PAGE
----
Bite sized leadership lessons, featuring reader-submitted stories of no more than 100 words
Priming is a phenomenon where introduction to a certain stimulus impacts how a person will respond to future stimuli. Numerous stimuli impact our teams during COVID. Leave is cancelled, partners separated, and lockdowns stop hobbies; however, leaders can impose stimuli too. I asked the team two good things that had happened to them that day. I asked every day thereafter. They caught on. Knowing the requirement, they looked for the good each day. They started excitedly sharing their things. It didn’t negate the chaos, but it did prime them to look for the good, big or small, that happened daily.
– Darby Nelson
Bloke’s an absolute nightmare. Apparently.
As IC HUSKEY in an intense equipment support role, I faced a high turnover of mechanical engineers. One JNCO had impressed me; full of character, a morale boost, committed to the job, and, importantly, highlighted issues to me before they became a problem.
“How’s LCPL Grey doing?”, his Sergeant asked.
“He’s epic”, and I explained why.
His Sergeant looked at me like I had a chicken on my head. Curious, I asked “…what’s up?”.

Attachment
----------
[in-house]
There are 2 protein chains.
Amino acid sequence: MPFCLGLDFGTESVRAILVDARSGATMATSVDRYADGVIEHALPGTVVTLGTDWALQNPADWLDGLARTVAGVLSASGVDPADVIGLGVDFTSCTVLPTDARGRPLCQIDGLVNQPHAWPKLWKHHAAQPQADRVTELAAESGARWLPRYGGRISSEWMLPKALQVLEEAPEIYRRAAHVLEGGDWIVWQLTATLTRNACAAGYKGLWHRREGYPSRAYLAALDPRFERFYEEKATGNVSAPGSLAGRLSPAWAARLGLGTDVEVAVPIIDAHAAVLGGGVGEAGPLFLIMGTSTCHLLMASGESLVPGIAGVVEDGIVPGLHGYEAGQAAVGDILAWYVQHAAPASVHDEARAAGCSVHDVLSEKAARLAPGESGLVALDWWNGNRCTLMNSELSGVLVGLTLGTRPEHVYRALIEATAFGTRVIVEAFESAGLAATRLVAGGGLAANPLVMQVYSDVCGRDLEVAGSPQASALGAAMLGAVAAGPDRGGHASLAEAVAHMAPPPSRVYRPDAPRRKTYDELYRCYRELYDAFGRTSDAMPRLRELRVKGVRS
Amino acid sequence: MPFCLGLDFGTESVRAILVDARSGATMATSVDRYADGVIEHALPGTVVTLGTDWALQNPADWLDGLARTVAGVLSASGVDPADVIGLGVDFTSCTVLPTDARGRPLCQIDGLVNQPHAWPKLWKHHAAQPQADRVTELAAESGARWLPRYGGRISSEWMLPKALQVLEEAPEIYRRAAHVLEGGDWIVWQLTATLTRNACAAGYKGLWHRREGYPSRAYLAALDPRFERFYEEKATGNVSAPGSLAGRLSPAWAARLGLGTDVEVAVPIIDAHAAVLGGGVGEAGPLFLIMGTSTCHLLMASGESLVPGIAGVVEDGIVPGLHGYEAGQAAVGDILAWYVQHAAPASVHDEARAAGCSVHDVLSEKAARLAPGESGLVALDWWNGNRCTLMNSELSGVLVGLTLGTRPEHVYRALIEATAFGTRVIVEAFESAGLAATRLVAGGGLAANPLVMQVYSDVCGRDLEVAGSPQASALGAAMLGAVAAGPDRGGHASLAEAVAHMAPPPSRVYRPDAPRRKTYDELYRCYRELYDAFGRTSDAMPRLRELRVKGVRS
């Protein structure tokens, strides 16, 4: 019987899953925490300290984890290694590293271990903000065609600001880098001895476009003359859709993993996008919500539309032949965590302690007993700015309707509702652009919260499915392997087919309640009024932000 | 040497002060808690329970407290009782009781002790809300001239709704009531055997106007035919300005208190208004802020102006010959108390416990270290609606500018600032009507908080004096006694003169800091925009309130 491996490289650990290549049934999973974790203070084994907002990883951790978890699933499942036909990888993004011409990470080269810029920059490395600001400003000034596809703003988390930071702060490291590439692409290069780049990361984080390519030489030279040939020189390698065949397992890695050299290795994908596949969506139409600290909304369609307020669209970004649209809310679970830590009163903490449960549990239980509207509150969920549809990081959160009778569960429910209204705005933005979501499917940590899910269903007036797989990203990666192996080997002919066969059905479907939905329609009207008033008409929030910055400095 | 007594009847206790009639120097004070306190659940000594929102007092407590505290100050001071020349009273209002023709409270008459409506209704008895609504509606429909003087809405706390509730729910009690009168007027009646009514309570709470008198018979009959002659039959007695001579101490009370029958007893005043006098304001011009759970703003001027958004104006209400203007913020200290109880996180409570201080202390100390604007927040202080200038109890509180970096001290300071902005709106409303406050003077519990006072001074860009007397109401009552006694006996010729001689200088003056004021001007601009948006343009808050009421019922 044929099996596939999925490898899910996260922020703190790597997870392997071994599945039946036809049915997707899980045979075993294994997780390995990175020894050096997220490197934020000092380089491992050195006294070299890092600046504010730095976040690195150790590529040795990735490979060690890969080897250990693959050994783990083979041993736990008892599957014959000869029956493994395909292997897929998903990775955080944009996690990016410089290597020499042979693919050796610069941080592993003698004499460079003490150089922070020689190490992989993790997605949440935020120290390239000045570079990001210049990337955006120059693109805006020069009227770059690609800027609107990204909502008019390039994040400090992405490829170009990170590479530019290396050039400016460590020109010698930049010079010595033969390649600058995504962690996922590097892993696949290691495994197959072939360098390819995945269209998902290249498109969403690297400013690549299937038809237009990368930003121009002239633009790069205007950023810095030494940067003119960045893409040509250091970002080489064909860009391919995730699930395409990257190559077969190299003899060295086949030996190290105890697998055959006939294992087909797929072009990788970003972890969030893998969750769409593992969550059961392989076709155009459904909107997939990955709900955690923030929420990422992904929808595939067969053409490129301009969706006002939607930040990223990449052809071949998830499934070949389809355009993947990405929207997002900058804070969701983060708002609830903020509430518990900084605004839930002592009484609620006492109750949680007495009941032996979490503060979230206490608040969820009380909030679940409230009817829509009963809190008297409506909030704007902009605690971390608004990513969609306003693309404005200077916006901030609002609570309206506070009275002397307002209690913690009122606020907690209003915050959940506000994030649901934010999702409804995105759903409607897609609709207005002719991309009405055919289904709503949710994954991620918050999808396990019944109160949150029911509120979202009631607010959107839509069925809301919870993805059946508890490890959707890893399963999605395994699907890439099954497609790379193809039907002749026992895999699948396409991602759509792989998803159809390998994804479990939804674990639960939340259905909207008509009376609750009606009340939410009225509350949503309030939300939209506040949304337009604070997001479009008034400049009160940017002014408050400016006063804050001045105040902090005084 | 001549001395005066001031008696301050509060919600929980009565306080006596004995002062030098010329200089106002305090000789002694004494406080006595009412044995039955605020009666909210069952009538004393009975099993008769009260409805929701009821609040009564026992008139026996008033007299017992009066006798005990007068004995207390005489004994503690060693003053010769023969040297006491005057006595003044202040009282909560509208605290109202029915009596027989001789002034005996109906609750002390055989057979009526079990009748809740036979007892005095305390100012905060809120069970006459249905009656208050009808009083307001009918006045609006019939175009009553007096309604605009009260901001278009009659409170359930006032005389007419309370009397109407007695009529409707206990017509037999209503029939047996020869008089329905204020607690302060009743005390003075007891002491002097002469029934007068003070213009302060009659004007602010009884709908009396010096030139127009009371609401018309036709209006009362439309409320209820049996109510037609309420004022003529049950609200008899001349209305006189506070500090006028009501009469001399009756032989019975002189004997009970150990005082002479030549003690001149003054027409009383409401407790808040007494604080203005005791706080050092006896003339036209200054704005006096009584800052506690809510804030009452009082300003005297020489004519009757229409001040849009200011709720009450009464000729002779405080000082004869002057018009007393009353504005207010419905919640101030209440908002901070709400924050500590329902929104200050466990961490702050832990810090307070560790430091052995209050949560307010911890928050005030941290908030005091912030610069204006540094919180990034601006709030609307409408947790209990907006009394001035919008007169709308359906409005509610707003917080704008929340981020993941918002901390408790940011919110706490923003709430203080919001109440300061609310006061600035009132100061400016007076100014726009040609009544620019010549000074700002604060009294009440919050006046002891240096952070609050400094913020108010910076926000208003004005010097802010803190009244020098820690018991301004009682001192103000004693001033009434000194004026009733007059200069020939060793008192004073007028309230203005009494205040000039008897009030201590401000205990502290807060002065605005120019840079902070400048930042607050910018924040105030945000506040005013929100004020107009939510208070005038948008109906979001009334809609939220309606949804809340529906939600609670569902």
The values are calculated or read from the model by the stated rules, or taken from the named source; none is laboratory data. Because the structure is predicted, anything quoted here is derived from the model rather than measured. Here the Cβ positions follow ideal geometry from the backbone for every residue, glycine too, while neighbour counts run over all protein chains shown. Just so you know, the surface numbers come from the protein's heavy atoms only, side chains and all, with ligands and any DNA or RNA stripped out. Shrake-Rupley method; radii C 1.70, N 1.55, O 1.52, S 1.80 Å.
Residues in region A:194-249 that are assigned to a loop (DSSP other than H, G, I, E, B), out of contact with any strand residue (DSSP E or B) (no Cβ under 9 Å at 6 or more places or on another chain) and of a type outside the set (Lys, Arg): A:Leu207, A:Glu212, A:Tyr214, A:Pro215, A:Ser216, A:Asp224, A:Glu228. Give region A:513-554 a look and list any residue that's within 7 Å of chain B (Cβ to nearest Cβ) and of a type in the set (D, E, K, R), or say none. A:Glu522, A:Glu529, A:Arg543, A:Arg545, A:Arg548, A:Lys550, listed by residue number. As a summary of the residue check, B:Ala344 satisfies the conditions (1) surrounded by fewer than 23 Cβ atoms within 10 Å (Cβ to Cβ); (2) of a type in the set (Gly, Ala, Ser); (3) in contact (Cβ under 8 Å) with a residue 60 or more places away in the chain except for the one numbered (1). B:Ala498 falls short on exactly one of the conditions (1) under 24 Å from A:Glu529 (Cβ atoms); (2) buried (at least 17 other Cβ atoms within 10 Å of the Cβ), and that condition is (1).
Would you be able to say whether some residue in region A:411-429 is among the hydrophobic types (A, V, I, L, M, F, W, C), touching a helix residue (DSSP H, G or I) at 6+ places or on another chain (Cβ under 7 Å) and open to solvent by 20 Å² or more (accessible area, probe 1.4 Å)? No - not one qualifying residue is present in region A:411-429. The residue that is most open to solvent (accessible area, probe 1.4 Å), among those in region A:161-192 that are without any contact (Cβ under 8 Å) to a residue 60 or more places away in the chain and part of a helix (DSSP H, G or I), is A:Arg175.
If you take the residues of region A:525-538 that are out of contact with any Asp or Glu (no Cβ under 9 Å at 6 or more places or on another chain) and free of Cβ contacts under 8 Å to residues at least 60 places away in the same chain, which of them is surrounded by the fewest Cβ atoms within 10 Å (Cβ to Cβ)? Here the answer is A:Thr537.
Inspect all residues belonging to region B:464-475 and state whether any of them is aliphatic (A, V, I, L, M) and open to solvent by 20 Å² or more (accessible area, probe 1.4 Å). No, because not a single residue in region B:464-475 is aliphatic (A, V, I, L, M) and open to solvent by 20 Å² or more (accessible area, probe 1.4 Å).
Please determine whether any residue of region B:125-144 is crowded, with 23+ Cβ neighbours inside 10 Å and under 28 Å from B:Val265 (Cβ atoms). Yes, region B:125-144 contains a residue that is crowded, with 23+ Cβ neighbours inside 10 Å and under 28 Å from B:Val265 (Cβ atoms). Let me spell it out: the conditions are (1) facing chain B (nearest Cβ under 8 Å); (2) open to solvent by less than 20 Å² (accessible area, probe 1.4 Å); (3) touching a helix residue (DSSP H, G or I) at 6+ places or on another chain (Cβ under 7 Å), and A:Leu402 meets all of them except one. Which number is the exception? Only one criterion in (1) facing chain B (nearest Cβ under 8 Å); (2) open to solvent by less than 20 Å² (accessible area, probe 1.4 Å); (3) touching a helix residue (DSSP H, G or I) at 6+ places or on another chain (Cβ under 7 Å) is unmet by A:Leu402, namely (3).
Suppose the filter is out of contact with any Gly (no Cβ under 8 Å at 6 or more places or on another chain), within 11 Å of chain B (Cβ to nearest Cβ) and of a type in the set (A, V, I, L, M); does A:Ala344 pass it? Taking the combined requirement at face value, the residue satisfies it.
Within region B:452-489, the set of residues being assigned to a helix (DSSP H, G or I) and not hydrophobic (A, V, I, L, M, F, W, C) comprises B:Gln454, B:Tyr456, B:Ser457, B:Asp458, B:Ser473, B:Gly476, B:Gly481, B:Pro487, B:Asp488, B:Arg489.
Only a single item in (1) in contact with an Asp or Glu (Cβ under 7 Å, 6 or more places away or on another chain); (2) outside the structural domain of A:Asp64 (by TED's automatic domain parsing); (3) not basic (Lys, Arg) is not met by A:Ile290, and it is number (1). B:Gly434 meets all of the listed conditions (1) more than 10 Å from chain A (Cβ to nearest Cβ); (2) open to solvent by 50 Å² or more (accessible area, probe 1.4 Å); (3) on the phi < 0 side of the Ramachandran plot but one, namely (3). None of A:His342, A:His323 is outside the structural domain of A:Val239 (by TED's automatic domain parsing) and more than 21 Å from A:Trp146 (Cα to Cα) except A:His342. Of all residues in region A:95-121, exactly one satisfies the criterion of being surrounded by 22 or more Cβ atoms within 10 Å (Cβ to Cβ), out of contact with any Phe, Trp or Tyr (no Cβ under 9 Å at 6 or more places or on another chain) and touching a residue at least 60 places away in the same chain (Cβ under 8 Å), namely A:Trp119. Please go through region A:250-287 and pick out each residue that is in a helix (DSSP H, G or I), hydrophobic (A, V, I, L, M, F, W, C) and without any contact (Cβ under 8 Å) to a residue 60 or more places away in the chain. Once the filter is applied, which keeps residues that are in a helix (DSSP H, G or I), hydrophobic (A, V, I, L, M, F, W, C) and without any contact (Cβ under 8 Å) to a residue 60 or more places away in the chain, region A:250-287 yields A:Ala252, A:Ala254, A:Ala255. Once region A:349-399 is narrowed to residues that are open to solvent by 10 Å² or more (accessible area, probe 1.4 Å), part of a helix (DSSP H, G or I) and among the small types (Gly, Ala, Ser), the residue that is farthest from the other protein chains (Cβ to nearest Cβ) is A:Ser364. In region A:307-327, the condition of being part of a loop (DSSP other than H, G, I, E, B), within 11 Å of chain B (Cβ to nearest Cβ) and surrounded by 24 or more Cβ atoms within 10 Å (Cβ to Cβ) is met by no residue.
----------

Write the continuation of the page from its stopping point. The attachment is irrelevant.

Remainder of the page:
“He’s an absolute nightmare.”
“Ah,” I replied, “Maybe he’s subjected to a different culture in your department?”
An awkward silence ensued…
– Phil Mitten
“Come on, let’s go, follow me!”
These are the elegantly simple words that a leader need only fall back on when that moment comes where leadership is required. No more, no less. A rallying call, an action, and a direction. A phrase that will energise people whose circumstances find them in fear, paralysis, hurt or indecision. As leaders, we all wonder, and at times worry, about whether we will have what it takes when the time comes. We are educated, trained, and practiced, but when that moment comes, will we respond? Yes, you will!
“Come on, let’s go, follow me!“
– Jim Hutton
Lead-self moment. Regaining consciousness on the road in the Bulchi Valley, debris strewn everywhere and the genesis of chaos. We had struck our 3rd IED in a month and 2nd in a week. The moment of detonation, the feeling of feet travelling over my head and a soft brownout, then I woke up…. 9.0 for dismount, 1.0 for landing. Internal system check: I was hurt but not injured. So started the post blast clearance and some dark thoughts: the locals knew, but no warning. They were stuck too. Refused medivac, I was more use there, deal with it later.
– Isaac Williams
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Cover Image Credit: LSIS Ernesto Sanchez, Defence Images